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Health Experts, Artists Discuss Need to Change Media Portrayals of HIV/AIDS at Harvard Medical School Panel

Harvard Medical School hosted a panel on depictions of HIV/AIDS in the media in recognition of World AIDS Day on Friday.
Harvard Medical School hosted a panel on depictions of HIV/AIDS in the media in recognition of World AIDS Day on Friday. By Jonathan G. Yuan

Health experts and artists discussed the need to change the narrative in popular media around HIV/AIDS to avoid stigma and provide true representation in a panel last Friday hosted by Harvard Medical School in recognition of World AIDS Day.

The panel, titled “Portraying AIDS in the Media: How Far Have We Come?”, was sponsored by HMS’ Media, Medicine, and Health program and moderated by physician and award-winning showrunner Neal Baer. The event featured guests actress Gloria Reuben, director Paris K.C. Barclay ’79, artist Kia LaBeija, Yale School of Public Health professor Gregg Gonsalves, and HMS professor Joia S. Mukherjee.

To open the discussion, Gonsalves, who studies epidemiology, showed an advertisement for an HIV drug, Dovato. The ad depicted people with HIV living a happy life while using the medication. Despite the commercial’s joyful appearance, Gonsalves and the other panelists agreed that these media portrayals erase the complexity of HIV/AIDS.

“We have a whole set of issues that we need to deal with, that are obscured by this happy-clappy version of the HIV epidemic that is perpetuated night after night on network television,” Gonsalves said.

“How do we build a critical media discourse about the AIDS epidemic moving forward?” he added. “We didn’t learn the lesson of HIV, we didn’t learn the lesson of Covid, we don’t get three strikes. Three strikes, and we’re out.”

To demonstrate the necessity of “talking, moving, telling your story, getting out there,” Barclay referenced “Pedro,” a film he co-wrote in 2008 about Cuban American television personality Pedro Zamora who died from complications due to AIDS.

Barclay retold Zamora’s story to prove that “even one person who is telling their truth can make some change,” and used the film as a critique against the narrative of silence around Zamora’s illness and the “lie of reality coverage.”

“I wanted to debunk a little bit of what they had done in the real world, which is to disguise and sanitize his story,” Barclay said. “They didn’t show how ill he was.”

Mukherjee, an associate professor of Global Health and Social Medicine at the Medical School, also touched on the power of documentaries in illustrating HIV/AIDS.

“That’s what we’re fighting for — to tell those stories in patients’ own words,” she said.

Reuben, an Emmy Award-nominated actress, said she aimed to portray the stigma faced by individuals living with HIV when she played Jeanie, an HIV-positive character in the popular television series “ER.”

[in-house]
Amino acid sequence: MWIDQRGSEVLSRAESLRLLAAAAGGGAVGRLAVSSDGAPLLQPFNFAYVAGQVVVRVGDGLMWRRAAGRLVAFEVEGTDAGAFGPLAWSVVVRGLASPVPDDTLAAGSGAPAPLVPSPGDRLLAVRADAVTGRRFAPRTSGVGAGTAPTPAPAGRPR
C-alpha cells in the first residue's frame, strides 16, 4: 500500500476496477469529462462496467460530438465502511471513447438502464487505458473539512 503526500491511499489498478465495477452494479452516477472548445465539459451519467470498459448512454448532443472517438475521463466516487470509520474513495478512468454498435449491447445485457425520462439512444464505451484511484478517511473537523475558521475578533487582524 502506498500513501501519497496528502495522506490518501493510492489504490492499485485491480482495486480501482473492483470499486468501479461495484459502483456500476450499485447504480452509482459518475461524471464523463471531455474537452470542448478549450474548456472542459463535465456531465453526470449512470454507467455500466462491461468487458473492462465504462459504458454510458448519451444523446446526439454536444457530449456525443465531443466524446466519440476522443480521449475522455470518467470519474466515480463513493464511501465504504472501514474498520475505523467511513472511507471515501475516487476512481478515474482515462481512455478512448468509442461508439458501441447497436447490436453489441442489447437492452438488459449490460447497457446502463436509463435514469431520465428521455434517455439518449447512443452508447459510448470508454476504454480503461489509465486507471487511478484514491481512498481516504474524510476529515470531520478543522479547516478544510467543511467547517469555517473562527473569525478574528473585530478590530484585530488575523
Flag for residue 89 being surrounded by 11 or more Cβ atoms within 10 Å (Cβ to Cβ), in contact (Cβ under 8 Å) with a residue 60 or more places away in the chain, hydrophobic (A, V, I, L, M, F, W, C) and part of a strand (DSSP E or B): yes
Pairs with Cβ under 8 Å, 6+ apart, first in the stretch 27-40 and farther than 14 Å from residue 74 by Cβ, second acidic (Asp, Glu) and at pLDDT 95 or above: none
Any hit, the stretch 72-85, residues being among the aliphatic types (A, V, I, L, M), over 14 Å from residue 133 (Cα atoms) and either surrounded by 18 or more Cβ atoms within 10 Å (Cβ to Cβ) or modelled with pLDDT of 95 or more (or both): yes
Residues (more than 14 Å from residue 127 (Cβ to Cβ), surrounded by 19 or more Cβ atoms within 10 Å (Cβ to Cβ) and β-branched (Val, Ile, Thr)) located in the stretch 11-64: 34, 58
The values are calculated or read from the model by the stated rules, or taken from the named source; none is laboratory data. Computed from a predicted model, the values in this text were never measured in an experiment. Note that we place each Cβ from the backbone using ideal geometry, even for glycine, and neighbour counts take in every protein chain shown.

Reuben explained that depicting a character who felt shame and embarrassment from testing HIV-positive helped show the broader stigma in society faced by individuals living with HIV.

“The shame, the secrecy, and stigma. Those are killers,” Reuben said.

She added that combating the stigma of living with HIV is critical to saving the lives of individuals who fear seeking treatment out of stigma — something that can only be accomplished through “the awareness, the access, and the treatment,” Reuben said.

LaBeija, an artist, storyteller, and New York native, spoke firsthand about the need for representation in the media to truly depict the experience of HIV. She developed HIV through perinatal transmission from her mother and has been living with HIV her entire life.

As a long-term survivor of HIV, LaBeija said, her struggle with the illness was “a completely different experience” compared to those who acquired it later in life.

“Sometimes when I sit in rooms with other people living with HIV, I feel a little isolated,” LaBeija said.

As she grew older, LaBeija met others who were similarly diagnosed with HIV perinatally — interactions, she said, “blew my mind.”

“To feel that, my isolation and my grief, and all that time that I felt alone — there were so many others, just like me,” LaBeija said, adding that the experience made clear to her that shifts in the narrative around HIV/AIDS were necessary.

LaBeija referenced the more than 14,000 children born HIV-positive from the late 1970s to early 1990s, underscoring the importance of telling these stories.

“There are way less babies that are born with HIV, which is beautiful and a miracle,” LaBeija said. “But those babies that were born, those babies that are not here, they’re still stories that are just completely lost.”

LaBeija said telling her story and fighting for the representation of people who are HIV-positive is critical to ensure support and inclusion of individuals living with the illness.

“If you don’t tell your story, someone else will tell it and they’ll tell it wrong,” she said, citing a proverb she heard early in her life.

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